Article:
As for me, although I did like the book, I wasn't too keen on how the story was told. I felt like it dragged on and not many exciting events or action happened (which I would have liked). The story did have some plot twists near the end, but I guess I wanted something grander especially because the synopsis excited me a lot.

I liked the characters enough, but I wasn't too invested in them. Ekata was an okay main character. I could feel her frustration and her fear as she took on the role of the grand duke. I wish she could have done more, but I feel like that's not her personality. Inkar is probably my favorite character in The Winter Duke. She was fierce and brave, and definitely what Ekata needs in her life. If Ekata is ice, Inkar is the fire—they complemented each other really well and I loved that.

I also loved the queer representation in this book and how sexuality is a normal thing in their fictional world. It didn't bring any complication to the plot nor is it a problem in their society. That was a nice thing to see in a YA fantasy novel like this.

(Full review to be posted on March 8, 2020)
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First off I love that this book had a female/female relationship and it was totally accepted. The queer people were just...people. No one batted an eye at this and that just made my heart feel super happy. There was great world building and political intrigue with some likeable characters. I really enjoyed Ekata's wife Inkar! The pacing was a little weird to me but the book was still an enjoyable read! I rate it 3.5 starts because it was too much of a slow burn for my liking.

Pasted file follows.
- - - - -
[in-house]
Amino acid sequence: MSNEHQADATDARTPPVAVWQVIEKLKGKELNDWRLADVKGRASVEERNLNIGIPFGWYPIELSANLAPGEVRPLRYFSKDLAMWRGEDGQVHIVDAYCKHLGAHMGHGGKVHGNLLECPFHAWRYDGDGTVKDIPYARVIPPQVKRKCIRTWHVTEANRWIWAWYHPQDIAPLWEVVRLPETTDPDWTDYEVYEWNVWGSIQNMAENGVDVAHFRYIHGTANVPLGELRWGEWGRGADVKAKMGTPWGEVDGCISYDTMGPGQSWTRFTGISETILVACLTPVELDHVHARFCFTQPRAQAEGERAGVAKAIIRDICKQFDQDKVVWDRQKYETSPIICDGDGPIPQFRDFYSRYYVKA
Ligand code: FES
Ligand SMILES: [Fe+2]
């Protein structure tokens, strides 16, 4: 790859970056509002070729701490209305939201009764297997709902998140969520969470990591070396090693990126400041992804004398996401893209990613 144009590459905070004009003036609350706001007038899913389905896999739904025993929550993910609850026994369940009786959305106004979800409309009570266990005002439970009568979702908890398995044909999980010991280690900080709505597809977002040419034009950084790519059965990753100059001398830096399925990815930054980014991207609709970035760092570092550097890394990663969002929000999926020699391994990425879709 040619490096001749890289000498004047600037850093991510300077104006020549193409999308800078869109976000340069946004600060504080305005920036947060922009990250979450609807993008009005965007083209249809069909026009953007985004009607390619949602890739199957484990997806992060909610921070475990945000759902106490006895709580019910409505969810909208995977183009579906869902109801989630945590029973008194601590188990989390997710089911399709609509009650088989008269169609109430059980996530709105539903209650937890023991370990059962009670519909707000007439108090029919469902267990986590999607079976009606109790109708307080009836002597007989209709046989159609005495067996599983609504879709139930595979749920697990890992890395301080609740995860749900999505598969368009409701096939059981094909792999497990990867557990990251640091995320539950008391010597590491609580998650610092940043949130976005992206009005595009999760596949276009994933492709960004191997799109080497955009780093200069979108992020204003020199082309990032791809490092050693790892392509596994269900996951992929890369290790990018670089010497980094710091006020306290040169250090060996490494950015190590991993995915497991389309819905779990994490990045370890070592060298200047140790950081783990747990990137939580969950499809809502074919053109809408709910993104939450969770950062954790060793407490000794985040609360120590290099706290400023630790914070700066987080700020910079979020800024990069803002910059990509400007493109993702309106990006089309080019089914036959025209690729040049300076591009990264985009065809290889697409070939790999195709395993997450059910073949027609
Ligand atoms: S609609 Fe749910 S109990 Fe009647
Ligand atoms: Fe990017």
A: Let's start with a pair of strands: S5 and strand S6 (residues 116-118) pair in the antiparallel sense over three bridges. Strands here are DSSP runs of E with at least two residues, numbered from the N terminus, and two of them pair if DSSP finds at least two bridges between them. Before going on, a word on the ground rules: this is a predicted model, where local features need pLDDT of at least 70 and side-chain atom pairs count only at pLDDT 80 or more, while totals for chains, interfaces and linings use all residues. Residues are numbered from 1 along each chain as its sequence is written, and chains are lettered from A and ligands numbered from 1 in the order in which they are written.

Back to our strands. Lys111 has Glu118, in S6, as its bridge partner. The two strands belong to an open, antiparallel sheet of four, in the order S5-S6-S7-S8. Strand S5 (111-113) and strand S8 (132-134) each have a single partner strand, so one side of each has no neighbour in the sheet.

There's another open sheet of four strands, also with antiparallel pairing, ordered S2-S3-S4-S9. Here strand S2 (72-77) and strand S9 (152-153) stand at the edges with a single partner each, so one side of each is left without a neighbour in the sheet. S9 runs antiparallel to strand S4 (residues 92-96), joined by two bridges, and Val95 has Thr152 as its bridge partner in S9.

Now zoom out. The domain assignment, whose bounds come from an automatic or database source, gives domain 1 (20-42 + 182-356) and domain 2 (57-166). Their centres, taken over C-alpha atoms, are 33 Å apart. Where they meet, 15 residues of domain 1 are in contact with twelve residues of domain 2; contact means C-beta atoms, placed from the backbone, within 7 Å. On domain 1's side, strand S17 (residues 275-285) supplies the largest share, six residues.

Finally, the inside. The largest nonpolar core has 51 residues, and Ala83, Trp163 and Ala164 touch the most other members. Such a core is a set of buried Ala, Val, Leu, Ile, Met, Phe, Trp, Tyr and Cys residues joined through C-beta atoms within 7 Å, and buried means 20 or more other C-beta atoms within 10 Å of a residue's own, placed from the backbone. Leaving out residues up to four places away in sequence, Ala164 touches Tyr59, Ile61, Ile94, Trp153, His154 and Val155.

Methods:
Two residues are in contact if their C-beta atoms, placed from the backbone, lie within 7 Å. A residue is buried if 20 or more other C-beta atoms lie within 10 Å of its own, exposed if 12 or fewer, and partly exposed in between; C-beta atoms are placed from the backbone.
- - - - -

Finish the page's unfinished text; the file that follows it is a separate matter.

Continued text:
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"Grand dukes make grand statements."

The Winter Duke by Claire Eliza Bartlett is a YA Fantasy story beautifully weaved with mysteries, puzzles, and courtly intrigue. At its heart, it’s a cautionary tale of the consequences of attempting to be something or someone you’re not by abandoning your true identity, and therefore losing yourself in the process. Within its pages we witness a horrific suffering caused by the sins of those that came before, but a triumphant realization that there is ALWAYS another way, one that eliminates the need to choose the lesser of two evils. It’s a story of growth and strength, and one that demonstrates being different is not only acceptable, but should be celebrated.